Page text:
If you know anything about marijuana plants, then you are probably already familiar with the term “cannabinoids.” You may even think about the common cannabinoid, THC, and perhaps your thoughts even jump to CBD. However, what about the lesser known cannabinoids? Are they important too? Better yet, how do they all fit together within the cannabinoid system?
Simply put, cannabinoids are the compounds found in marijuana plants that lead to the effects on the human body we are already familiar with. These effects are both mental and physical, depending on the strain of marijuana being consumed. There are more than 85 cannabinoids that have been identified, with research accelerated alongside loosening legal regulations.
Cannabinoids are concentrated to various degrees within different parts of the marijuana plant. Cannabinoids are being researched more and more as medical marijuana and even recreational marijuana becomes more widely accepted.
Surprisingly for some, the cannabinoid system is not located within marijuana plants, it is found in our own bodies. It is relatively new to the radar of researchers, but we now know that it is a major system within the body that comprises of neuro-chemicals. This is precisely the reason certain cannabinoids interact with our bodies so strongly - our bodies are designed to receive and react with these compounds.
The cannabinoid system is made up of many connected receptors that receive the “message” from cannabinoids and therefore jumpstart the benefits that come with the consumption of marijuana. CB1 receptors are bound to the membrane of the body, mostly located in the brain, and CB2 receptors are found mostly in the immune system of the body. THC interacts with both CB1 and CB2 receptors.
Cannabinoids and Their Effects
Although there are more than 85 cannabinoids that we know of, it is impossible to cover each and every one of them here. We do know that they all have slightly (or drastically) different effects on the human body. We will cover some of the most important ones below.
CBD, or cannabidiol, is a cannabinoid that does not have psychoactive effects. In other words, it will not cause the consumer to feel euphoric or high. Research shows that it instead helps with a variety of ailments, such as treating anxiety, insomnia, and cancer. It is also correlated with the growth of brain cells and bones.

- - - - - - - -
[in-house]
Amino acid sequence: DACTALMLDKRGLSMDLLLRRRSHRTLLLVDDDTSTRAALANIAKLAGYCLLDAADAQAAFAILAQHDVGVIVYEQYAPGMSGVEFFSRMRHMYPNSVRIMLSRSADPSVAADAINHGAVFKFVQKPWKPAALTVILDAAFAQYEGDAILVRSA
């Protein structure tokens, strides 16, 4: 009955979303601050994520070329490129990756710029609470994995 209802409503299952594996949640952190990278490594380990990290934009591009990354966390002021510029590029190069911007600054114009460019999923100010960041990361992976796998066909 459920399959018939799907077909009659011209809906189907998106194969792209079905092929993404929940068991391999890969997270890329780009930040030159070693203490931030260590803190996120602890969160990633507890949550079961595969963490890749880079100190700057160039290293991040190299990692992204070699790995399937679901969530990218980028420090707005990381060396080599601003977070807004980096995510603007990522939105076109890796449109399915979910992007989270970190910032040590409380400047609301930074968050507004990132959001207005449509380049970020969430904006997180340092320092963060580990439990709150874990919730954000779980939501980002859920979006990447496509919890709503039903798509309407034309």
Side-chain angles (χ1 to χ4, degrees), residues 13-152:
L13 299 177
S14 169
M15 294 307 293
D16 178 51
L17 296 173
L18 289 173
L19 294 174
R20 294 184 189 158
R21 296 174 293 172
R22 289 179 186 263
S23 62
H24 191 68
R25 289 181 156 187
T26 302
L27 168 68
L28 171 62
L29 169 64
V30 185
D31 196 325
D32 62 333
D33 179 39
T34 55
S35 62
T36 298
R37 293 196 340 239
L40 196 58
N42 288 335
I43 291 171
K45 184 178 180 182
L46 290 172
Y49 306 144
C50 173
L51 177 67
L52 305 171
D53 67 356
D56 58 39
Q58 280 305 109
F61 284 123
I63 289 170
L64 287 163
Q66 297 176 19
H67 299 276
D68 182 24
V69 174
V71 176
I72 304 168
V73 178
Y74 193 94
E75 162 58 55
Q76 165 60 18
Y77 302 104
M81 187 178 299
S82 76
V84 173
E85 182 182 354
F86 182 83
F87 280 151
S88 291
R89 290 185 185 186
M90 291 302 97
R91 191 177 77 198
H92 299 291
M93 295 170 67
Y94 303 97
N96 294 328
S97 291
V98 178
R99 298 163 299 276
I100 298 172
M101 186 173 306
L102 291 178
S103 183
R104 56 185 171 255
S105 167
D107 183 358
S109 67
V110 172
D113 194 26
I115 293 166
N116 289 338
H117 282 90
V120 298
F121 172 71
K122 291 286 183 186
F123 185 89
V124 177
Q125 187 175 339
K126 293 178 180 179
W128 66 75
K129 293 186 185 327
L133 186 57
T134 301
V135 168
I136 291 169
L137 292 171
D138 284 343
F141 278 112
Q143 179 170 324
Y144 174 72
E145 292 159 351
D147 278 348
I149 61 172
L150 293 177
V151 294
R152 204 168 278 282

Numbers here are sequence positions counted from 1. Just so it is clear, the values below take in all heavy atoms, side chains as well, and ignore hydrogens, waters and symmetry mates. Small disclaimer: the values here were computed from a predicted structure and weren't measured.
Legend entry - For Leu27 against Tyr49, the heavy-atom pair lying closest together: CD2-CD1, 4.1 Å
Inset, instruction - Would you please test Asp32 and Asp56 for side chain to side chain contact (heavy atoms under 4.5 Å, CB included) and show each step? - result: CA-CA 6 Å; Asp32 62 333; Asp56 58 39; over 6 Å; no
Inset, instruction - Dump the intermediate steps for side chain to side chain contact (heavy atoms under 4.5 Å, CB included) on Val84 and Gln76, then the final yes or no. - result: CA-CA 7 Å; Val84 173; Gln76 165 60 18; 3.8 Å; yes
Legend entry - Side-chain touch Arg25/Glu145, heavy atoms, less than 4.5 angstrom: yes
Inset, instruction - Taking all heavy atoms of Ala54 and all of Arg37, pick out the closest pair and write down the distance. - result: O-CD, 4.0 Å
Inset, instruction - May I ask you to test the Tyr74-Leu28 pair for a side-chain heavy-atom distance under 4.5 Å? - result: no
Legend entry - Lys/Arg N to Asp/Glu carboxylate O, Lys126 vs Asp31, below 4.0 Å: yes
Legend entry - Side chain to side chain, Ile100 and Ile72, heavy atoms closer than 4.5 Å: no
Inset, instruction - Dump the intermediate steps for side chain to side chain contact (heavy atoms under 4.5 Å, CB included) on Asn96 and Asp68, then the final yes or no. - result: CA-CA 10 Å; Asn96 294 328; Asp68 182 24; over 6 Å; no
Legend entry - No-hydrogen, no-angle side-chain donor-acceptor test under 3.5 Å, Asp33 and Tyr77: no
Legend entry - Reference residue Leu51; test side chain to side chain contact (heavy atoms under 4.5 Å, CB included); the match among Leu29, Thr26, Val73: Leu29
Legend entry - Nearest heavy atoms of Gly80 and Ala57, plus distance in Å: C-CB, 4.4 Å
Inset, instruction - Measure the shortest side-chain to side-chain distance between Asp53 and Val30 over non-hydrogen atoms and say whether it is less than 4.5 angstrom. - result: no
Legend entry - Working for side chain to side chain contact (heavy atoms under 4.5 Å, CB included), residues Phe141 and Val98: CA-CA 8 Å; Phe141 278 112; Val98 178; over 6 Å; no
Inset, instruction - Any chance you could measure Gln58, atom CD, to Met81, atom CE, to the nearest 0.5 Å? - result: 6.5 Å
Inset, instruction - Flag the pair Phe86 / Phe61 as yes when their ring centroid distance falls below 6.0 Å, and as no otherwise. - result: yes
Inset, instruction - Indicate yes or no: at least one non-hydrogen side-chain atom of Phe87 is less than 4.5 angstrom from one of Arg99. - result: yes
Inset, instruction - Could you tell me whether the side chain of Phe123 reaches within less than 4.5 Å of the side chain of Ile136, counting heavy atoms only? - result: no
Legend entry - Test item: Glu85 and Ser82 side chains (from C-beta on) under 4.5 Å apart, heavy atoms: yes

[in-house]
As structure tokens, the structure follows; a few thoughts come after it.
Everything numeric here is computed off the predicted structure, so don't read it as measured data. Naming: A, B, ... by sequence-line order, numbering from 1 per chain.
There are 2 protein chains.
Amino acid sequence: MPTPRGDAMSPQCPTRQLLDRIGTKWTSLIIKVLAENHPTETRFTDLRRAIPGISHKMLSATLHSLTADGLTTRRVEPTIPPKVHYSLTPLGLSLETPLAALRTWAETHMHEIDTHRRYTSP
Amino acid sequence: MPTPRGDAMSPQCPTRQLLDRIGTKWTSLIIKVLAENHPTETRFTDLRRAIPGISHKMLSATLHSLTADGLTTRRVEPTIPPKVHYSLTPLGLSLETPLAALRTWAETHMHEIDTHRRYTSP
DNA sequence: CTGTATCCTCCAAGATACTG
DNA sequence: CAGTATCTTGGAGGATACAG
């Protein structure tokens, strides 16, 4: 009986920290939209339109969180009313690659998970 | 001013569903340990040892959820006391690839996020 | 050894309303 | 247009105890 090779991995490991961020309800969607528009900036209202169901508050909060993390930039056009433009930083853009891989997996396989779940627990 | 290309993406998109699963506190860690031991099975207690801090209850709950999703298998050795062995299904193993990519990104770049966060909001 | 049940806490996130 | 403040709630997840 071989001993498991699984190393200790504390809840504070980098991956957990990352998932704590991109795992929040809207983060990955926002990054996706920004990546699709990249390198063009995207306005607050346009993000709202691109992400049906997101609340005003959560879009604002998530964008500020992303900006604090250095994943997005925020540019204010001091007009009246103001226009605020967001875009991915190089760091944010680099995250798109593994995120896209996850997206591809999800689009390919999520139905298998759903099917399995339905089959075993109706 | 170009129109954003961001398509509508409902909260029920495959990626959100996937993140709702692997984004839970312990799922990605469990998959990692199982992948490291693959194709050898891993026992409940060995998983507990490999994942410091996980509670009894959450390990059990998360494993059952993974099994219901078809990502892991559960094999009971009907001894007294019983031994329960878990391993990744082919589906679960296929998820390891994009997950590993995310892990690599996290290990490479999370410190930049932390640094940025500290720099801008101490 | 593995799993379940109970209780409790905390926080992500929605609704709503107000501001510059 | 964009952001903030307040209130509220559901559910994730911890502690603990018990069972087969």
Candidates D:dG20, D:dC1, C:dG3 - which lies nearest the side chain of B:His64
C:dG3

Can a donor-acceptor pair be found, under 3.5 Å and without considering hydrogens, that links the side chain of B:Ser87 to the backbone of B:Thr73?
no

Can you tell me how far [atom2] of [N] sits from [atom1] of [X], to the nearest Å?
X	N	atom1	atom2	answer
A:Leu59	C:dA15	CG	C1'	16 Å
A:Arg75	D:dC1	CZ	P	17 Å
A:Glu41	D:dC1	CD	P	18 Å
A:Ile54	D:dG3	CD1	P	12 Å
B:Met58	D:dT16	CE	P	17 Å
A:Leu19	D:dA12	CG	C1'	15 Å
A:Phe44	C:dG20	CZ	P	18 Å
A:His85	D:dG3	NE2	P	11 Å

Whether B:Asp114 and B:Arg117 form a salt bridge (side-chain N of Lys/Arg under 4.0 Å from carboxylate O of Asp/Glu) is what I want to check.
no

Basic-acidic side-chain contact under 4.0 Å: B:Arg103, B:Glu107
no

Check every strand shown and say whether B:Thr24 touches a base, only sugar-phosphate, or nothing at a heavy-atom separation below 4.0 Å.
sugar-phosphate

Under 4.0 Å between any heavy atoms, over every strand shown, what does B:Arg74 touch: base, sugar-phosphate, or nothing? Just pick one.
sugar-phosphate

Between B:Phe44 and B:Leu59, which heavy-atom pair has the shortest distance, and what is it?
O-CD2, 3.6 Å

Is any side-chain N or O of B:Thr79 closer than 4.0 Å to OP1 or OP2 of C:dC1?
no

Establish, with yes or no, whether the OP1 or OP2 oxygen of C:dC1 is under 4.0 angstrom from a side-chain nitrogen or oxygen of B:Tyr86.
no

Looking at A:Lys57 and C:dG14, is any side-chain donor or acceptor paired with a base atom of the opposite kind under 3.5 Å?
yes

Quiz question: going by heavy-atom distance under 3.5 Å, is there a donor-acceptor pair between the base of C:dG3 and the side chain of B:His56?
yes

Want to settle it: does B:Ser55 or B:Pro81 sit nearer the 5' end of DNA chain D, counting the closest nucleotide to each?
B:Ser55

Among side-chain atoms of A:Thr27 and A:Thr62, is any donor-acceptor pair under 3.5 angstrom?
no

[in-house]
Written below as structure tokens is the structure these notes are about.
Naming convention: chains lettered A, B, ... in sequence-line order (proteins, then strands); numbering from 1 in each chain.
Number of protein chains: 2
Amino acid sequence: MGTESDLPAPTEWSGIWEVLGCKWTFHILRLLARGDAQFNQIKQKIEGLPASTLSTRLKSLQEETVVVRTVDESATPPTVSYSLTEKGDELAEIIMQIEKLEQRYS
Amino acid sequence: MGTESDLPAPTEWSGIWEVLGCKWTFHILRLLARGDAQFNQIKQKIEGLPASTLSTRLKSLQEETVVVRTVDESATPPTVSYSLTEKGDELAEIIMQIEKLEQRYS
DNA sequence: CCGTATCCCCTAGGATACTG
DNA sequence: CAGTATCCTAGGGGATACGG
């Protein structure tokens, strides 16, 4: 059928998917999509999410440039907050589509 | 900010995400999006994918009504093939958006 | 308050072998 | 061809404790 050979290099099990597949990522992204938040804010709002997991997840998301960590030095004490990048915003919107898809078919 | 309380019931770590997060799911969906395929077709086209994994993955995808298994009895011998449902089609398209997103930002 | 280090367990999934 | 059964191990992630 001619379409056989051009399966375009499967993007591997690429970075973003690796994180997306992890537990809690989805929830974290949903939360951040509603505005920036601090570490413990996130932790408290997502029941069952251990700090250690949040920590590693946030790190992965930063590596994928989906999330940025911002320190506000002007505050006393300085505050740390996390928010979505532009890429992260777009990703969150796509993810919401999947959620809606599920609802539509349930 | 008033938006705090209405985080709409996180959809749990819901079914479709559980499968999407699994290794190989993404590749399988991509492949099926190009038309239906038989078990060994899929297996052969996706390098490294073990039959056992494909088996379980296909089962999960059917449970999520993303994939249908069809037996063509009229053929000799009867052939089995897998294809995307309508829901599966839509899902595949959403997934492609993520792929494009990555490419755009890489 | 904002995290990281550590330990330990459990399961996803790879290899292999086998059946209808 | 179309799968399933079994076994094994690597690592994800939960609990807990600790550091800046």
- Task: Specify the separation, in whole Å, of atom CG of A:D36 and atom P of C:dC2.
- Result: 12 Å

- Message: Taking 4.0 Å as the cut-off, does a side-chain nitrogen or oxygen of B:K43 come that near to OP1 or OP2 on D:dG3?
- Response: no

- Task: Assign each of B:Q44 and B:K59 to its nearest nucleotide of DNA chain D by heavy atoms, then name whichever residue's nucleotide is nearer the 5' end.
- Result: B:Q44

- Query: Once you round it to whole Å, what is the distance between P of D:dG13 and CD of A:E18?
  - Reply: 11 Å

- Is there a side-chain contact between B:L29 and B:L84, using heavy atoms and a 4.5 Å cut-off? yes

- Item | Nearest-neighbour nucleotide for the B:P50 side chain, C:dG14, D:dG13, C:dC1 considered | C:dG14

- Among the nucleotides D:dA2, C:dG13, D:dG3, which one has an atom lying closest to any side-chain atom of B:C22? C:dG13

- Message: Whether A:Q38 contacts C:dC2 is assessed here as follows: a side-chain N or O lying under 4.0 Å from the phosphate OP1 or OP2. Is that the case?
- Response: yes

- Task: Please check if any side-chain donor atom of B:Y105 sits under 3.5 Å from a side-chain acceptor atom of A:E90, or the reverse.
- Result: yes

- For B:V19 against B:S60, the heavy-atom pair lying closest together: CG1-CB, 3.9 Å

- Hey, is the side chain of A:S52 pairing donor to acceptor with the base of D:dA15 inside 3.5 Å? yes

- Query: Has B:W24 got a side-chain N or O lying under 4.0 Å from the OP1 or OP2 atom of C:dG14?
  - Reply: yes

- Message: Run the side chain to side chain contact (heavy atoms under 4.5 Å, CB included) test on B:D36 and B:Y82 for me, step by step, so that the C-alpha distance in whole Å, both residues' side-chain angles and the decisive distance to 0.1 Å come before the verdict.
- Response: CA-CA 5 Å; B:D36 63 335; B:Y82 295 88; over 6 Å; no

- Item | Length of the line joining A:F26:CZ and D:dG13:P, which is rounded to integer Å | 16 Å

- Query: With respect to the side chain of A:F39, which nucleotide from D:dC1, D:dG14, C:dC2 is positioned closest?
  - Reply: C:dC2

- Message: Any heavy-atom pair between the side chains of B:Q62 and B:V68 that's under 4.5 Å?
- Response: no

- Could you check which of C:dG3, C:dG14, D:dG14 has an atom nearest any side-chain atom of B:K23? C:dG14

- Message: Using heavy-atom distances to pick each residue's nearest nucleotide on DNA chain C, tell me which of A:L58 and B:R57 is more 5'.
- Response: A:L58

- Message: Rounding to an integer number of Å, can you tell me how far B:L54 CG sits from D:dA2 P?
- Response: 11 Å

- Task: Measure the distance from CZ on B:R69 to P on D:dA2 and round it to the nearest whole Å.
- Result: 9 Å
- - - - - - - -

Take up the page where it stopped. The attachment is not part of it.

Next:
CBDa, also known as cannabidiolic acid, was only recently recognised as being present in high amounts in certain marijuana strains (such as ruderalis). When heated up, CBDa turns into CBD. It is also not psychoactive, and although more research needs to be done, studies have shown that it could be perfect for its cancer fighting properties (anti-proliferation) as well as anti-emetic ones.
THC, or tetrahydrocannabinol, is famous for its psychoactive effects on the user. These effects include euphoria and other varying emotional and mental states of mind. It is particularly useful in treating pain because of its neuroprotective qualities but is also works well to fight nausea, loss of appetite, sleep disorders, and stress disorders.
THCa, also known as tetrahydrocannabinolic acid, turns into THC when it is heated up. Despite it serving as the precursor to THC, it does not share the same psychoactive effects as THC. It has properties that include anti-inflammatory, neuroprotective, and anti-emetic ones, as well as indications that it can also fight prostate cancer.
CBN, or cannabinol, is mildly psychoactive, although it will not produce the same euphoric high that THC does. In fact, CBN comes from the degrading of THC and works for sedation purposes better than any of the other cannabinoids. It is most effective treatments include insomnia, glaucoma, and pain.